FUNNY CAR: Robert Hight is aiming for his third championship but has some of the best in the class all still within striking distance heading into this weekend.

Robert Hight (Photo: NHRA)

Hight, who is president of John Force Racing when he isn’t hurtling down a drag strip in his AAA Auto Club Chevrolet Camaro, leads a pair of Don Schumacher Racing drivers, Jack Beckman (46 points behind Hight) and Matt Hagan (-56).

And don’t rule out 16-time Funny Car champion John Force, who is 72 points behind his teammate. Force needs to win the race, as well as have Hight, Beckman and Hagan all lose in the first two rounds, to potentially earn his 17th championship.

Still in it mathematically is Bob Tasca III, but at 104 points behind Hight, he would likely have to be No. 1 qualifier, set both ends of the speed and elapsed time national records, and have the four drivers in front of him all be eliminated in the first or second rounds.

PRO STOCK: Erica Enders has a very healthy lead in her quest for a third Pro Stock championship.

Erica Enders (Photo: NHRA)

Enders leads teammate Jeg Coughlin Jr. by 92 points heading into this weekend.

Three other drivers are mathematically still in the running, but if Enders gets past the second round, they’ll be eliminated unless they potentially go on to victory.

Those three drivers – who are separated by just five points – are 2017 champion Bo Butner (113 points behind Enders), Jason Line (-116) and Matt Hartford (-118).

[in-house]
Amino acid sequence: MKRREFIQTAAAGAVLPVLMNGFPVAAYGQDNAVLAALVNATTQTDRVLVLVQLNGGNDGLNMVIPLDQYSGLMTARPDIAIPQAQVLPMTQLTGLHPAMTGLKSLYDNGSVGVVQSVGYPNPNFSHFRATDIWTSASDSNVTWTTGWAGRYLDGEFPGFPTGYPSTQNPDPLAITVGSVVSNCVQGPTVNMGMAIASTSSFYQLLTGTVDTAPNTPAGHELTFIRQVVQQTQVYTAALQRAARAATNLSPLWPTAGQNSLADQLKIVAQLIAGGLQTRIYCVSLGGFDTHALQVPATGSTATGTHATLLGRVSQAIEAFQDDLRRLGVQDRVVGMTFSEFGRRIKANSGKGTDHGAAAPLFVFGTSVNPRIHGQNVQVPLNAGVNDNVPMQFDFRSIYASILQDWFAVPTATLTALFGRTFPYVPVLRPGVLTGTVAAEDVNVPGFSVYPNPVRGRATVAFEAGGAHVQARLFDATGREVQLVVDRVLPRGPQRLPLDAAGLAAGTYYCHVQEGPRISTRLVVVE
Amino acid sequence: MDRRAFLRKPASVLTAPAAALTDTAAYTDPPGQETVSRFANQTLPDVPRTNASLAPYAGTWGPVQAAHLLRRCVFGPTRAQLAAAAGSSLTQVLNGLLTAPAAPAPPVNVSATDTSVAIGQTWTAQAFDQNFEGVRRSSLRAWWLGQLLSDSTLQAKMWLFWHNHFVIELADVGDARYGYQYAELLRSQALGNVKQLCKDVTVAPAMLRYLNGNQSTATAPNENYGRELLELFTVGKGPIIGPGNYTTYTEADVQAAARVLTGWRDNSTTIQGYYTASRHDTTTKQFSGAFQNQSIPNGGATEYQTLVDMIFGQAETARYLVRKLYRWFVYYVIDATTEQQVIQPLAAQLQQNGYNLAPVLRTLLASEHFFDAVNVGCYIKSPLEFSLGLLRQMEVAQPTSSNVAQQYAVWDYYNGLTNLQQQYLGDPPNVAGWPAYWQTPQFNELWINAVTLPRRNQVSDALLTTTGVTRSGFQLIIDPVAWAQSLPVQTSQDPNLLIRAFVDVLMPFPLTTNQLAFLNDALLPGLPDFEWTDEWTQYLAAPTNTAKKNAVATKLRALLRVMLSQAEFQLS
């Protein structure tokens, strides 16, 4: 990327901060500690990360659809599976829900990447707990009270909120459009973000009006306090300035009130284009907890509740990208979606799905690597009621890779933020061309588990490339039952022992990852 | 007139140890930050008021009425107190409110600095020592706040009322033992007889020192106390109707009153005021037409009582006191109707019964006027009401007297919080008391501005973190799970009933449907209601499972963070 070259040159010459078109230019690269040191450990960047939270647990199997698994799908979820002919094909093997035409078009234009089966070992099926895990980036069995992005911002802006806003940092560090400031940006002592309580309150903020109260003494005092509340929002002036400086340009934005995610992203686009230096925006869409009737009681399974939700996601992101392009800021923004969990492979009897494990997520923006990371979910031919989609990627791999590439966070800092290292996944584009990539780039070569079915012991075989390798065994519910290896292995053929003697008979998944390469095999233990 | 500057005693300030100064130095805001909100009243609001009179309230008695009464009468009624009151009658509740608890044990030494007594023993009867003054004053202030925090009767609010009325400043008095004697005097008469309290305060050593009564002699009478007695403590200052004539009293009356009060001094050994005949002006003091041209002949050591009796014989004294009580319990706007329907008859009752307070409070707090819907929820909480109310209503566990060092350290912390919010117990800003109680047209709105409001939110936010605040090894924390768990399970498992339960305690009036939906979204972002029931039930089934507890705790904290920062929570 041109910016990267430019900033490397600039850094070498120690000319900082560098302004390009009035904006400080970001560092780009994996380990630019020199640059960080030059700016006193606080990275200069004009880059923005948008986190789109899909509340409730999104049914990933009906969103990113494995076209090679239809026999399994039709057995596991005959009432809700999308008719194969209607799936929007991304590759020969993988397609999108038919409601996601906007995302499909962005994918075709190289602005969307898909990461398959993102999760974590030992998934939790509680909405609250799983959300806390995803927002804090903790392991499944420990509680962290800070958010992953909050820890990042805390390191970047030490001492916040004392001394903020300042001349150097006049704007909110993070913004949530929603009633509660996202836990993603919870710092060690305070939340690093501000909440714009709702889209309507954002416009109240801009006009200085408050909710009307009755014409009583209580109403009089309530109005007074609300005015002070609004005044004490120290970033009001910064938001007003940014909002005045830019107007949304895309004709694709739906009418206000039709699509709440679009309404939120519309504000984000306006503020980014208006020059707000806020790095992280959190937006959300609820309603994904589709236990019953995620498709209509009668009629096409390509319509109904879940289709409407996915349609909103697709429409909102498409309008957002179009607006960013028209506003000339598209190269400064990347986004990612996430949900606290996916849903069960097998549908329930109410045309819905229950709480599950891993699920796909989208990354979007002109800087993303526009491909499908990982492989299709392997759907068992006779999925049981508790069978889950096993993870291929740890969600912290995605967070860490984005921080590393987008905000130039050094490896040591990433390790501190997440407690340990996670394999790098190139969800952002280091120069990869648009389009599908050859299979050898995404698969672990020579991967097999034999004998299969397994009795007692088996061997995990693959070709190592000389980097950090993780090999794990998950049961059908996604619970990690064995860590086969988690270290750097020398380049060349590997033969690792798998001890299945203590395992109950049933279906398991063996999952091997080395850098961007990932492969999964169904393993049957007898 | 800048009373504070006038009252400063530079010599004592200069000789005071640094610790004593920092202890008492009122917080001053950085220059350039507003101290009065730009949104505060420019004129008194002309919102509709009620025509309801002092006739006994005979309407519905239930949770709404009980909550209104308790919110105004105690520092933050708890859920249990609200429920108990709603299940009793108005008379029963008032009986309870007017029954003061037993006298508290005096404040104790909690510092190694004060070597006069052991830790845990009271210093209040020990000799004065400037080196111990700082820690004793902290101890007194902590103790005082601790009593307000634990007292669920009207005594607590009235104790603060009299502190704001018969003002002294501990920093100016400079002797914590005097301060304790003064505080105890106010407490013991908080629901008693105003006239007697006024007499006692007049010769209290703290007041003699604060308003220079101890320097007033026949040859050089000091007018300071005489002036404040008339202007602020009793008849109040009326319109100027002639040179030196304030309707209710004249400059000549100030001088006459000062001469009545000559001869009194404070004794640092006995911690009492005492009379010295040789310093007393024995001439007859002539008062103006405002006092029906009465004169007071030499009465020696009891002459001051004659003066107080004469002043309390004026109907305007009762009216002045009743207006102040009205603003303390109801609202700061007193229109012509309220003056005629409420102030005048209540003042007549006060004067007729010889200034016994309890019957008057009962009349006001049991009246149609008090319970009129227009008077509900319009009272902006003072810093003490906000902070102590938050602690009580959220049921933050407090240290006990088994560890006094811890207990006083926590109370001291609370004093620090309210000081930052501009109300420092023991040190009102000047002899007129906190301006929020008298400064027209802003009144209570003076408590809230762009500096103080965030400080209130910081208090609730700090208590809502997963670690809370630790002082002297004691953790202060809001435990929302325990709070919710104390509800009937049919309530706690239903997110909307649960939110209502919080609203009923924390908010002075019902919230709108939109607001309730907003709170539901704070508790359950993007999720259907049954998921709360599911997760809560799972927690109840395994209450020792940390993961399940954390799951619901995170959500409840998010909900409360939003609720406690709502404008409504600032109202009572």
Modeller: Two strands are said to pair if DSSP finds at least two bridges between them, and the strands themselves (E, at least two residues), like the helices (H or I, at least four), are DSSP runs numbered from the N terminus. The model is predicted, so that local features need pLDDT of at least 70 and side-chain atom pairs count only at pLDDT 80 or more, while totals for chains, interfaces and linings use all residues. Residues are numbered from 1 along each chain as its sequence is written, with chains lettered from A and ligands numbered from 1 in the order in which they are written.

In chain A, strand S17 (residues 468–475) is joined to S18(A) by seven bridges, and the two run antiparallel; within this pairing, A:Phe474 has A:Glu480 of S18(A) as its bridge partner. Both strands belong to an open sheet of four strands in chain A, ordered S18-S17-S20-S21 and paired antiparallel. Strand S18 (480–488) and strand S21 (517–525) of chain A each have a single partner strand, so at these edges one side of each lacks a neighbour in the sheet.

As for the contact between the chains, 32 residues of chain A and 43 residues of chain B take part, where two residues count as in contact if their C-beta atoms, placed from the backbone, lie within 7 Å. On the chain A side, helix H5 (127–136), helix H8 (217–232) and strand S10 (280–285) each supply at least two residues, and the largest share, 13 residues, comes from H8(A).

PRO STOCK MOTORCYCLE: About the only way Andrew Hines fails to clinch his sixth career PSM championship is if he fails to qualify for Sunday’s finals, is kidnapped by one of his rivals or simply doesn’t show up.

Andrew Hines (Photo: NHRA)

Fat chance of any of those things happening.

Hines has a commanding 115-point lead over 2016 champion Jerry Savoie.

Right behind is three-time champ Eddie Krawiec (-116 points), leads last year’s PSM champion, Matt Smith, by 117 points and has a 124-point edge over Karen Stoffer.

Follow @JerryBonkowski

Max Verstappen shows speed in Austria; Lewis Hamilton lacking pace

Leonhard Foeger/Pool via Getty Images
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SPIELBERG, Austria — Red Bull driver Max Verstappen posted the fastest time Friday, and six-time Formula One champion Lewis Hamilton lacked pace in the second practice session for the Styrian Grand Prix.

Verstappen was 0.043 seconds quicker than Valtteri Bottas – Hamilton’s teammate at Mercedes – and 0.217 ahead of Racing Point driver Sergio Perez.